The phase III NOAH15 and GeparQuattro16 trials investigated outcomes in patients treated with neoadjuvant chemotherapy with or without the addition of 1 year of perioperative trastuzumab. In NOAH, patients with locally advanced or inflammatory breast cancer were given neoadjuvant paclitaxel (P) plus doxorubicin every 3 weeks for 3 cycles followed by paclitaxel every 3 weeks for an additional 4 cycles followed by cyclophosphamide plus methotrexate (M) plus 5-fluorouracil (F) on days 1 and 8 of a 28-day cycle for 3 cycles (AP➔P➔CMF).15 At 5.4 years of median follow-up in these high-risk patients, OS was 74% in the HER2-positive/trastuzumab arm and 76% in the HER2-negative arm. OS in the HER2-positive cohort randomized to neoadjuvant chemotherapy without trastuzumab was 63%, which is likely an overestimate of survival due to crossover. During the study, the NOAH protocol was amended to allow all patients with HER2-positive cancer to receive trastuzumab based on positive data from HERA17 and NSABP B-31,8 discussed below. GeparQuattro explored the addition of capecitabine (Xeloda; X) to an anthracycline-taxane backbone of epirubicin (E) plus cyclophosphamide (EC) for 4 cycles followed by docetaxel (T) for 4 cycles (EC➔T) with or without 4 cycles of capecitabine given concurrently with docetaxel or following docetaxel (EC➔TX, EC➔T➔X).16 Trastuzumab was given to all patients with HER2-positive breast cancer starting with cycle 1 for a year. At a median follow-up time of 5.4 years, OS was 88% in the HER2-positive/trastuzumab arm and 85% in the HER2-negative arm.
The FinHer trial was a phase III adjuvant study of node-negative tumors less than or equal to 5 cm but greater than 2 cm (T2) or node-positive breast cancers without distant metastases treated with adjuvant vinorelbine 25 mg/m2 weekly for 9 weeks or docetaxel 100 mg/m2 every 3 weeks for 3 cycles followed by fluorouracil, epirubicin, and cyclophosphamide (FEC).18 Women with HER2-positive cancer were randomly assigned to receive or not receive trastuzumab for 9 weeks during vinorelbine or docetaxel therapy. At 5 years, 90% of women with HER2-positive disease treated with 9 weeks of adjuvant trastuzumab were alive compared with 92% of patients with HER2-negative disease who received the same cytotoxic regimen and 82% of HER2-positive patients who did not receive trastuzumab.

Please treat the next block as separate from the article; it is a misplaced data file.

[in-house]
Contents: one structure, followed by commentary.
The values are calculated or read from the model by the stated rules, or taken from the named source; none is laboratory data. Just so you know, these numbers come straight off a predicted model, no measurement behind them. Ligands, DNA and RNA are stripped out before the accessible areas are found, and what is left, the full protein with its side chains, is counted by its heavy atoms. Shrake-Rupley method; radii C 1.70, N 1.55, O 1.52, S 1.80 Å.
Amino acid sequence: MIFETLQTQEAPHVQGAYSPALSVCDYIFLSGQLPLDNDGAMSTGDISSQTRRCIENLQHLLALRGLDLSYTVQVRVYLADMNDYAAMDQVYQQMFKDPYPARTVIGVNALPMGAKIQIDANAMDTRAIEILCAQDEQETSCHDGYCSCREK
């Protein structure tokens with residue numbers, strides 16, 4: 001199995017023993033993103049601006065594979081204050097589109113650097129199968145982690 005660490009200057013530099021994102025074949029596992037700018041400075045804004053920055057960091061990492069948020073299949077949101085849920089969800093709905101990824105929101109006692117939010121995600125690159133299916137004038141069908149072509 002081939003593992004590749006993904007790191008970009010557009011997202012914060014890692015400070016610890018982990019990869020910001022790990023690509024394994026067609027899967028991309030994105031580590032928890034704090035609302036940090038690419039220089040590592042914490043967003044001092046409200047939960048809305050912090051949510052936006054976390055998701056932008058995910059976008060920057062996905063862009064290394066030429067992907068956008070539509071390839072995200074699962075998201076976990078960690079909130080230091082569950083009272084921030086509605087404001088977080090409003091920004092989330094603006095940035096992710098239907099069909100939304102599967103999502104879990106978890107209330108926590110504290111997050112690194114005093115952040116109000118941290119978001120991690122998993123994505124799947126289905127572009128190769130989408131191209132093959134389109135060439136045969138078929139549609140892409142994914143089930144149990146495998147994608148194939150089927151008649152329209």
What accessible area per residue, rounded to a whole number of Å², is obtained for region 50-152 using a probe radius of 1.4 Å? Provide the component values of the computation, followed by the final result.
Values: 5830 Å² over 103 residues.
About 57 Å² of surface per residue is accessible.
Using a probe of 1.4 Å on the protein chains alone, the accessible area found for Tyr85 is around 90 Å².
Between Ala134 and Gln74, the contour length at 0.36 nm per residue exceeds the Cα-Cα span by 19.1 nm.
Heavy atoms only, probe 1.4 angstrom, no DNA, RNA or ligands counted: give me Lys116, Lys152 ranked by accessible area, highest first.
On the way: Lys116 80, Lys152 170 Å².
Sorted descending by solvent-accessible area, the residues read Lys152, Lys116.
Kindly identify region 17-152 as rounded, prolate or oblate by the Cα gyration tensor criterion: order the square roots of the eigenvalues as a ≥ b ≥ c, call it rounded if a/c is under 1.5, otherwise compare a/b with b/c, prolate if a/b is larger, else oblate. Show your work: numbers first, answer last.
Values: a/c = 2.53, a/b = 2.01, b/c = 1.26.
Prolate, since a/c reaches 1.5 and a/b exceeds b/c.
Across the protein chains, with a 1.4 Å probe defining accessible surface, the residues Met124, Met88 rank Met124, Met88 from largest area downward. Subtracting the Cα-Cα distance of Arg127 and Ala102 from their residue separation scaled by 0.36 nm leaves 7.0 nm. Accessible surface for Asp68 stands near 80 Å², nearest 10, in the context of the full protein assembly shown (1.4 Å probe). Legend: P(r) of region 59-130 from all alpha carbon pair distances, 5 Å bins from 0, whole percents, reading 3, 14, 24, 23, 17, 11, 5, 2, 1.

These studies, each utilizing different chemotherapy regimens, consistently demonstrated that the poor outcome associated with the HER2 alteration is improved by the use of trastuzumab. Based on survival benefits imparted by trastuzumab, current National Comprehensive Cancer Network guidelines recommend consideration of trastuzumab-based therapy for all HER2-positive tumors and as a standard-of-care therapy for HER2-positive tumors over the size of 1 cm.19 The question is thus no longer “Should we use trastuzumab?” but is instead “Which chemotherapy regimen yields the best therapeutic index in combination with adjuvant trastuzumab?”
Why is therapeutic index so important when choosing an adjuvant regimen?
More than 60% of patients diagnosed with breast cancer in 2016 had disease localized to the breast.20 While the DFS and OS clearly support the use of adjuvant trastuzumab, the risk of cardiotoxicity must be carefully considered in those with early-stage breast cancers, many of whom are potentially cured by local therapies alone and thus derive no benefit from adjuvant systemic therapy.21 The 6-year cumulative incidence of congestive heart failure (CHF) or cardiac death in the NCCTG N9831 trial comparing AC followed by paclitaxel without trastuzumab (AC➔P), trastuzumab given with paclitaxel (AC➔PH), or AC➔P followed by trastuzumab (AC➔P➔H) was 0.6% in patients receiving AC➔P, 3.4% for AC➔PH, and 2.8% for AC➔P➔H.22 Results were similar in the NSABP B-31, with a 7-year cumulative incidence of CHF or cardiac death of 1.3% in the AC➔P arm and 4.0% in the AC➔PH arm.23
The combination of anthracyclines and trastuzumab augments the risk of cardiomyopathy.
Anthracyclines are well known to be associated with cardiotoxicity in a cumulative, dose-related manner, necessitating lifetime dosage caps to minimize toxicity. In fact, myocardial depression can occur at any dosage of anthracycline, and patients must be carefully monitored for evidence of heart failure throughout their treatment courses, typically by assessment of left ventricular ejection fraction (LVEF) by echocardiogram or multigated acquisition.24